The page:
On January 12, 2016, the Connecticut probate court issued an order involuntarily committing Doan for psychiatric treatment, finding “by clear and convincing evidence that Ms. Doan is gravely disabled and has psychiatric and intellectual disabilities.” Pet’r’s Notice Regarding Jan. 12, 2016 Order Conn. Probate Ct., Ex. A (probate court order) [#166-1]. The probate court ordered that Doan “be committed to Capitol Region Mental Health Center or other suitable hospital for the treatment of psychiatric disabilities until [she] is discharged in due course of law.” Id.

         The First Amended Complaint [#77] requests that Doan be ordered “released to CDMHAS at the earliest possible opportunity on such terms and conditions as the Court deems just.” First Am. Compl. Request Relief B.

         II. Discussion

         “Article III of the Constitution limits federal-court jurisdiction to ‘cases’ and ‘controversies’.” Campbell-Ewald Co. v. Gomez, 136 S.Ct. 663, 669 (2016) (quoting U.S. Const., Art. III, § 2). This requires an “actual case or controversy . . . between the parties throughout the course of litigation.” N.H. Motor Transp. Ass’n v. Rowe, 448 F.3d 66, 73 (1st Cir. 2006).

         Gallagher argues in his opening brief that Doan’s habeas petition became moot once she was released from ICE custody on account of this court’s TRO and Preliminary Injunction. Doan argues that Gallagher’s compliance with a preliminary injunction does not moot the habeas petition, given ICE’s apparent willingness to take Doan back into custody should the preliminary injunction be dissolved. See Pl.’s Mem. Opp. Mot. Dismiss Count I 3 [#162] (under seal). Doan may be correct on this point, see, e.g., Magill v. Lynch, 560 F.2d 22, 25 n.2 (1st Cir. 1977) (in political retaliation case, injunction, as an order “standing between the plaintiffs and punishment . . . has a continuing effect and saves the case from mootness”), but the court does not need to reach that question.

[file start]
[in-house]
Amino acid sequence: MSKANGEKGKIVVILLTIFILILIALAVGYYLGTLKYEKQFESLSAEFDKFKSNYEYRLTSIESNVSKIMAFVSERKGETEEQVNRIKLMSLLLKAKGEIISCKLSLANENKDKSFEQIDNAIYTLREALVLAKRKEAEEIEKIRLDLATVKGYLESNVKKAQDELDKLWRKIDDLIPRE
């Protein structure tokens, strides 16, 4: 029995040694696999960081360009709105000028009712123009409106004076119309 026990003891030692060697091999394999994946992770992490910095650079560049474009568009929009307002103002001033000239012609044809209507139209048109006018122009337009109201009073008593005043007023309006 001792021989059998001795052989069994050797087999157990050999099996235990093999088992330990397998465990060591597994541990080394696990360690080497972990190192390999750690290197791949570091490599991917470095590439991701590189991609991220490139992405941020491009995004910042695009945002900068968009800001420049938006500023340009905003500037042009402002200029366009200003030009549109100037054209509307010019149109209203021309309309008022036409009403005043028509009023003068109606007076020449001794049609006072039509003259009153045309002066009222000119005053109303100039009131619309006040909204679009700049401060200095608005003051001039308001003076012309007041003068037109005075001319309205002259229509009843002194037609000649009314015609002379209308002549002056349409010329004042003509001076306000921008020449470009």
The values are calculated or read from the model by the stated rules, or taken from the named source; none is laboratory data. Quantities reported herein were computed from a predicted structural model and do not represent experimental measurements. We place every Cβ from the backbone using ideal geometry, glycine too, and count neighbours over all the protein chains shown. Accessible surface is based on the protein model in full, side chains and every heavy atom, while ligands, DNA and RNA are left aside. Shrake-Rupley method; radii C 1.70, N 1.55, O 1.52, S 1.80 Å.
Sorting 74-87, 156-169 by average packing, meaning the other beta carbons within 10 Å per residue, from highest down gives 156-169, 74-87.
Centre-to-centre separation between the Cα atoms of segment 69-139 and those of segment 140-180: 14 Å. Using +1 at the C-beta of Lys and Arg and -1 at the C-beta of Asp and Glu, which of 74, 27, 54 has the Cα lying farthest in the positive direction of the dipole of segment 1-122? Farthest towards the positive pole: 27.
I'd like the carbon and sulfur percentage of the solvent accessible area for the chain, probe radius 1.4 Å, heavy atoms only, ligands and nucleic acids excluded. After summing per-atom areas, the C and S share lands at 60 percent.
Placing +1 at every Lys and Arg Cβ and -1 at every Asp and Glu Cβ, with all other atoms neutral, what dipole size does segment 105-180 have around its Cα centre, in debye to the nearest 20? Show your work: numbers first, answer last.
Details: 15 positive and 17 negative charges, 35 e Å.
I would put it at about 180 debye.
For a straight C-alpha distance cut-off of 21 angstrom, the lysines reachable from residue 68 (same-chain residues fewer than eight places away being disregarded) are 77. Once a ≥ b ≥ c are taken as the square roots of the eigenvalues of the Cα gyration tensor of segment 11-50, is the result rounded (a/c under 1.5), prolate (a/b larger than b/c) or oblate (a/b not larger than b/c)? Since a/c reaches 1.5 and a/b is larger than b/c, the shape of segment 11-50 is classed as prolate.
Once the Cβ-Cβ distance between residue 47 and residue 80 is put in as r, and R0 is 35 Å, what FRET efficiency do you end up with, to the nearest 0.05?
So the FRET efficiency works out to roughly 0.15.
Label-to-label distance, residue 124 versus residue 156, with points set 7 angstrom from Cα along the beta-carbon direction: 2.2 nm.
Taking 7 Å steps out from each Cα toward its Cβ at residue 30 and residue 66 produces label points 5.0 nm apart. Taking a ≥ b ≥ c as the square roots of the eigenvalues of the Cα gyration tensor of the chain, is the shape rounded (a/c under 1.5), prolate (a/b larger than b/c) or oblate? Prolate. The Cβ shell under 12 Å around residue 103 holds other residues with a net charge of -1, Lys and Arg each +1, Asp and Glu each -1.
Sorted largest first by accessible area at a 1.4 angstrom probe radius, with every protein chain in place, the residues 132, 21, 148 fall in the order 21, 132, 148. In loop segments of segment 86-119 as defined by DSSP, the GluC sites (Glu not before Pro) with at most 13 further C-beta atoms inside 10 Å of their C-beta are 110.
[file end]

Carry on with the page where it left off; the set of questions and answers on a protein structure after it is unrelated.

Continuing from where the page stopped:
The habeas petition became moot once Doan was involuntarily committed. At that point, Doan was no longer in ICE’s custody as required by 28 U.S.C. § 2241. Before the involuntary commitment order, Doan was in the custody of CDMHAS only pursuant to this court’s Preliminary Injunction [#143]. Notably, that injunction was preliminary and conditional, as it specified that Doan should be returned to the custody of ICE “should CDMHAS refuse or fail to commit . . . Doan to its facility.” Mem. & Prelim. Inj. Order 17 [#143]. Now, under the involuntary commitment order, Doan is “committed to Capitol Region Mental Health Center or other suitable hospital for the treatment of psychiatric disabilities until [she] is discharged in due course of law.” Pet’r’s Notice Regarding Jan. 12, 2016 Order Conn. Probate Ct., Ex. A (probate court order) [#166-1]. Doan is therefore in the custody of the State of Connecticut and not the United States. For that reason, this court has no jurisdiction to grant Doan the writ of habeas corpus. See 28 U.S.C. § 2241(c)(1) (stating that the writ of habeas corpus “shall not extend to a prisoner” unless he or she is “in custody under or by color of the authority of the United States” or falls into other categories that do not apply here).

         Doan contends that her habeas petition is not moot. First, she argues that her release to CDMHAS did not provide her with all of the relief she was requesting. She argues that she has asked for and not received a bond hearing in this court, to be followed by a final order and judgment releasing her on conditions for the duration of her immigration proceedings. Indeed, to establish mootness, “the party raising it must show that the court cannot grant any ‘effectual relief whatever’ to its opponent.” N.H. Motor, 448 F.3d at 73 (quoting Church of Scientology ofCal. v. United States, 506 U.S. 9, 12 (1992)). Doan asked, however, that she be “released to CDMHAS at the earliest possible opportunity on such terms and conditions as the Court deems just.” Am. Compl. Request for Relief B-C. The court has granted her this relief. Doan also asks for “an ...